Once you have your backyard sanctuary complete, you’ll have plenty of opportunities to enjoy your investment while relaxing. For additional tips in learning how to install a functional and appealing patio in your backyard, visit www.concretepatio.org.
Courtesy of ARA Content
Revitalize your home for spring
Winter can be dark and cold, but spring is a time for warmth and light. Few things will brighten your mood as much as transforming your home to greet the season. Even inexpensive touches can have a big impact. Some simple spring redecorating will lift your spirits as much as spotting the first returning robin.
Your secret weapon is color. The vibrant colors of spring will brighten otherwise ordinary home decor. Let nature lead you to your color palette: delicate pink cherry blossoms, lavender blue hyacinths, sunny yellow forsythia and the pale green of new leaves. Do you smile when you see a basket of tulips? Why not take your cue from nature and be surrounded by those beautiful colors? For inspiration, take an early spring walk in the park. Breathe the softer air and study the scenery. When a color makes you happy, that’s the one to choose for your home.
You can easily and inexpensively change a room by buying a couple of gallons of paint and doing the job yourself. For years, white or ecru were the standard wall colors, but no longer. Be daring and choose a color that makes you feel good, and a little “out there.” If you don’t like it, you can always paint over it.
Take down heavy drapes. They may have made you feel cozy in the cold months, but for now, get them cleaned and put them away for next year. For spring, the word to keep in mind is light, as in airy fabrics and sheer curtains that let natural light into your home.
Slipcovers are an age-old way of changing the look of a room from winter to summer. You might be able to find them ready-made and inexpensive. At least, buy new pastel throw pillows which will quickly upgrade a room and give it a new look.
Don’t forget to arrange fresh flowers in bright vases from the craft store or in your own pretty crystal. Spring flowers growing in your garden are free and, for city dwellers, choose the least expensive bouquets at the corner market. These flowers don’t know they’re not prize orchids, and will give their all to lift your spirits.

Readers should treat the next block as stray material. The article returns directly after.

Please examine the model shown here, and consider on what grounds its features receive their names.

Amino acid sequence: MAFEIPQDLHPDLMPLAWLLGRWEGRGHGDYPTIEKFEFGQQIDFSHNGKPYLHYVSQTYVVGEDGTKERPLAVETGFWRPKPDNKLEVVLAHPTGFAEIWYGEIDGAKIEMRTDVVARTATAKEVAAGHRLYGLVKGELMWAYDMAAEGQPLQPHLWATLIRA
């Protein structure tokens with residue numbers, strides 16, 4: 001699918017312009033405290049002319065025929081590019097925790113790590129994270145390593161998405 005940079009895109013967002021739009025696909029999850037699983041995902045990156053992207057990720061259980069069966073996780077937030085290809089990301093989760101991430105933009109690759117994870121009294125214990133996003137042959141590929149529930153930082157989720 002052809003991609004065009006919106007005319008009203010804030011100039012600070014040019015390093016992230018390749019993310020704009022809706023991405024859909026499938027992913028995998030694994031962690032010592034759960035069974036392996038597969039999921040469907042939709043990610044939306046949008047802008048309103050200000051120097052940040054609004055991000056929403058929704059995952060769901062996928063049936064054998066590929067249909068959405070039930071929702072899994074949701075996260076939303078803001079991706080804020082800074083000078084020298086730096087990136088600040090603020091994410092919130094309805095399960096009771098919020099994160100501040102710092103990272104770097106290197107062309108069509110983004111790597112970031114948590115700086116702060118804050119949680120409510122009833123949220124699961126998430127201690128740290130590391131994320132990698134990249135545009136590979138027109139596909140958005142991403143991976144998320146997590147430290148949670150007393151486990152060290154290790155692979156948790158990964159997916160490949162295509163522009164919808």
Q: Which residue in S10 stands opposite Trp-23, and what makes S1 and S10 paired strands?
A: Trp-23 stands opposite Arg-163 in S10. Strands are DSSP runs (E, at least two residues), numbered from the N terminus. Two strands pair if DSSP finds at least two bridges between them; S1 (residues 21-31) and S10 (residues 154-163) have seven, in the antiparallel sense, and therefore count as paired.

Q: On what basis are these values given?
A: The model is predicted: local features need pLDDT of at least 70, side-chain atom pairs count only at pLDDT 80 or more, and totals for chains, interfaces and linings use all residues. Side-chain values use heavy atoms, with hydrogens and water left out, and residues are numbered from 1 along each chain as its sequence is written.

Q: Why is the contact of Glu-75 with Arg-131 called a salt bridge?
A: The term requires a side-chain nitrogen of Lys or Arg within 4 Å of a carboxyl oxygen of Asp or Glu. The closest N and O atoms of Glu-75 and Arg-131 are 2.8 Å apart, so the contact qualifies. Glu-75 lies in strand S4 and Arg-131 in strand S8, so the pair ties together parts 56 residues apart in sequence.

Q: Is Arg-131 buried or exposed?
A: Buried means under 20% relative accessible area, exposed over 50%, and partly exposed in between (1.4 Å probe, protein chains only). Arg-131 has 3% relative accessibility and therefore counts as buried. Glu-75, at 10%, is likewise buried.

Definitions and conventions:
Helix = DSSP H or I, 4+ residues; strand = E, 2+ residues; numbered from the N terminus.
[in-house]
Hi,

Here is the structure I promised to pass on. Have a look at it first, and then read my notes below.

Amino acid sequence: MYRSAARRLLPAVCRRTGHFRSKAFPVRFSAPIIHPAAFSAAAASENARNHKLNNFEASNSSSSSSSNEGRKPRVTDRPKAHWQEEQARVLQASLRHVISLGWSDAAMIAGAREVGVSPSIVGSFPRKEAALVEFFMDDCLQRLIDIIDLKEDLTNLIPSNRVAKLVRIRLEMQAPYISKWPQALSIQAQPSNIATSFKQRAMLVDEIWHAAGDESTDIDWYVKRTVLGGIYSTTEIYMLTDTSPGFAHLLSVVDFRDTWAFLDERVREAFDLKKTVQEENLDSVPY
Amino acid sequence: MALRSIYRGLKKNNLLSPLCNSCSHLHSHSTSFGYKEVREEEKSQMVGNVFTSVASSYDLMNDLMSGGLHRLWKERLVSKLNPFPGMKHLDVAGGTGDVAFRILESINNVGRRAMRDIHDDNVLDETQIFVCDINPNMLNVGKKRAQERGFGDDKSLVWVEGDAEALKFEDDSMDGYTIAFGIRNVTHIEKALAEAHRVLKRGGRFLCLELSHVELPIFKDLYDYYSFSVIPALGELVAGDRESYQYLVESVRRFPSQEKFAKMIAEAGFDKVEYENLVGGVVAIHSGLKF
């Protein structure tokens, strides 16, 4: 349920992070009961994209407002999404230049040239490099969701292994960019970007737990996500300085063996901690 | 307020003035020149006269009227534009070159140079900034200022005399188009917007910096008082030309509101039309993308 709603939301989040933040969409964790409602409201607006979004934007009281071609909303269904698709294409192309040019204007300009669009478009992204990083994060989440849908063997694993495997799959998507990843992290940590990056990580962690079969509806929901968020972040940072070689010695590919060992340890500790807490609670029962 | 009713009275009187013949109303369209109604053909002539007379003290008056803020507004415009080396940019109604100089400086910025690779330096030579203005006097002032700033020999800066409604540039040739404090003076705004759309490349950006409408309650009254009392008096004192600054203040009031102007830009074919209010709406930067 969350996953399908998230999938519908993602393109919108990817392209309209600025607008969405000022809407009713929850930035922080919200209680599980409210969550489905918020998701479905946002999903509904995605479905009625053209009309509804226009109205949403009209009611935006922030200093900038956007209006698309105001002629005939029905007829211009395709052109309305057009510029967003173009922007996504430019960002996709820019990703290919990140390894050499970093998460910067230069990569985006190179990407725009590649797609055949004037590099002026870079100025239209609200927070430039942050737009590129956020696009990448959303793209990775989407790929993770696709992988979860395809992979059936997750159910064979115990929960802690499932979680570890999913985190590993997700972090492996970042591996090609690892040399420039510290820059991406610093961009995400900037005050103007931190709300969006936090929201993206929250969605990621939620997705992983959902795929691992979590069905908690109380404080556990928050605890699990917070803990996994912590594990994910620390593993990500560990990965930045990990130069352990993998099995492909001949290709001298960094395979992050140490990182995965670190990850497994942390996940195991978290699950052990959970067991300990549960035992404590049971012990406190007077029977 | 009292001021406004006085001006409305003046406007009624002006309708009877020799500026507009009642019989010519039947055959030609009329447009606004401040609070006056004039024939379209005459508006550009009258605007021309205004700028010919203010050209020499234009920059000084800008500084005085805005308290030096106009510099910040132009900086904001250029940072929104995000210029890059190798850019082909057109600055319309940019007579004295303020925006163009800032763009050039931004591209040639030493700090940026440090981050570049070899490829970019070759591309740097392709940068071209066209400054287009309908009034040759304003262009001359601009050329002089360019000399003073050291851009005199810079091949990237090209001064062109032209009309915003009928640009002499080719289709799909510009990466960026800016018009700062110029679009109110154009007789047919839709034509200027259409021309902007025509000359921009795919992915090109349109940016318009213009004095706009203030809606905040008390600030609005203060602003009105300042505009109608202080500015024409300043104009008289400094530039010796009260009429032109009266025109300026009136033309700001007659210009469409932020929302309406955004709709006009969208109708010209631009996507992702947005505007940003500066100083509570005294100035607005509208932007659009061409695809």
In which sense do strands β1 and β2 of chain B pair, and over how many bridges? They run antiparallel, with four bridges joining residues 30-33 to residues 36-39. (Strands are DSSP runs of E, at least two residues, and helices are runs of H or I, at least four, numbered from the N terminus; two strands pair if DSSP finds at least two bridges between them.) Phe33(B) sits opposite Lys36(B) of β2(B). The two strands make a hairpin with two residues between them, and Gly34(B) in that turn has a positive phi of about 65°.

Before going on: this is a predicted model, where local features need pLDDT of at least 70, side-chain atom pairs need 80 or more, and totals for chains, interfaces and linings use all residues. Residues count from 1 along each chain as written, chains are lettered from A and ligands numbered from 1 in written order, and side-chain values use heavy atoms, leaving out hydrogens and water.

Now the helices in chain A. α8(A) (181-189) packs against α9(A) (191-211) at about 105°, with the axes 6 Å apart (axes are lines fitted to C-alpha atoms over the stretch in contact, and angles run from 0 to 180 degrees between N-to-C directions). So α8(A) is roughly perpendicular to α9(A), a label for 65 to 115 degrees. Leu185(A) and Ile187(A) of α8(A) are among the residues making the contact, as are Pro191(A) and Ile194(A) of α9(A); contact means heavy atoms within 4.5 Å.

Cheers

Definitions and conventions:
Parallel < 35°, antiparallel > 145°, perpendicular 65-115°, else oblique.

“In any room, hanging botanical drawings, framed or unframed, is another way of bringing nature into your home,” says Elizabeth Polish, interior designer and instructor at The Art Institute of New York City. “If you don’t want to buy original drawings, cut images from magazines, and mat and frame them yourself.”
Freshening the bathroom is also easy. Change the shower curtain and towels and you have an instant new look. Look for sales on bathroom accessories to complete the picture.
About the kitchen, Polish says, “Even if you can’t redecorate, start an herb garden on your windowsill. Grow fresh dill, chervil, and mint. Watching things grow brings you in tune with the season of rebirth. And be sure to use the herbs to spark up your meals.”
Bring on the spring. You will be ready with a home that has been refreshed, revived and renewed.
Courtesy of ARA content
Top spring projects for your lawn and garden
With the weather beginning to warm across the country, many people are venturing out into their yards to begin the process of turning what was once a winter wonderland into a lush green escape. The task might look overwhelming at first, but with a little help from the experts, you can have a fresh-looking lawn and garden in no time.
According to Lou Manfredini, Ace’s “Helpful Hardware Man”, there are three projects that every homeowner should do to spruce up your lawn and garden: Prune your shrubs and trees, grow new grass and plant brightly colored flowers. “The best part about these projects is that anyone can do them, and once they are finished they make a big difference,” he said.
Pruning works by cutting away the excess growth and dead weight that keeps your shrubs and trees from filling out. By trimming this away, more buds will be able to show, allowing you to cultivate a stronger, more vibrant plant.
“One thing to remember is not to over-prune,” says Manfredini. “Too much pruning will shock your plant and could inhibit growth.” To avoid this, hold out your first two fingers; if these were stems on a plant you would never want to cut below your first knuckle.
As with most home improvement projects, it’s very important to have the right tools on hand. Certain pruners, such as rose pruners, are made specifically for roses, while head shears can be used on most heavy-duty pruning projects. Make sure you purchase pruners that are sturdy enough to do the job and feel comfortable and manageable in your hand. If you already have pruners, consider having them sharpened at your local hardware store before you begin working. You’ll notice the difference immediately.
Grow new grass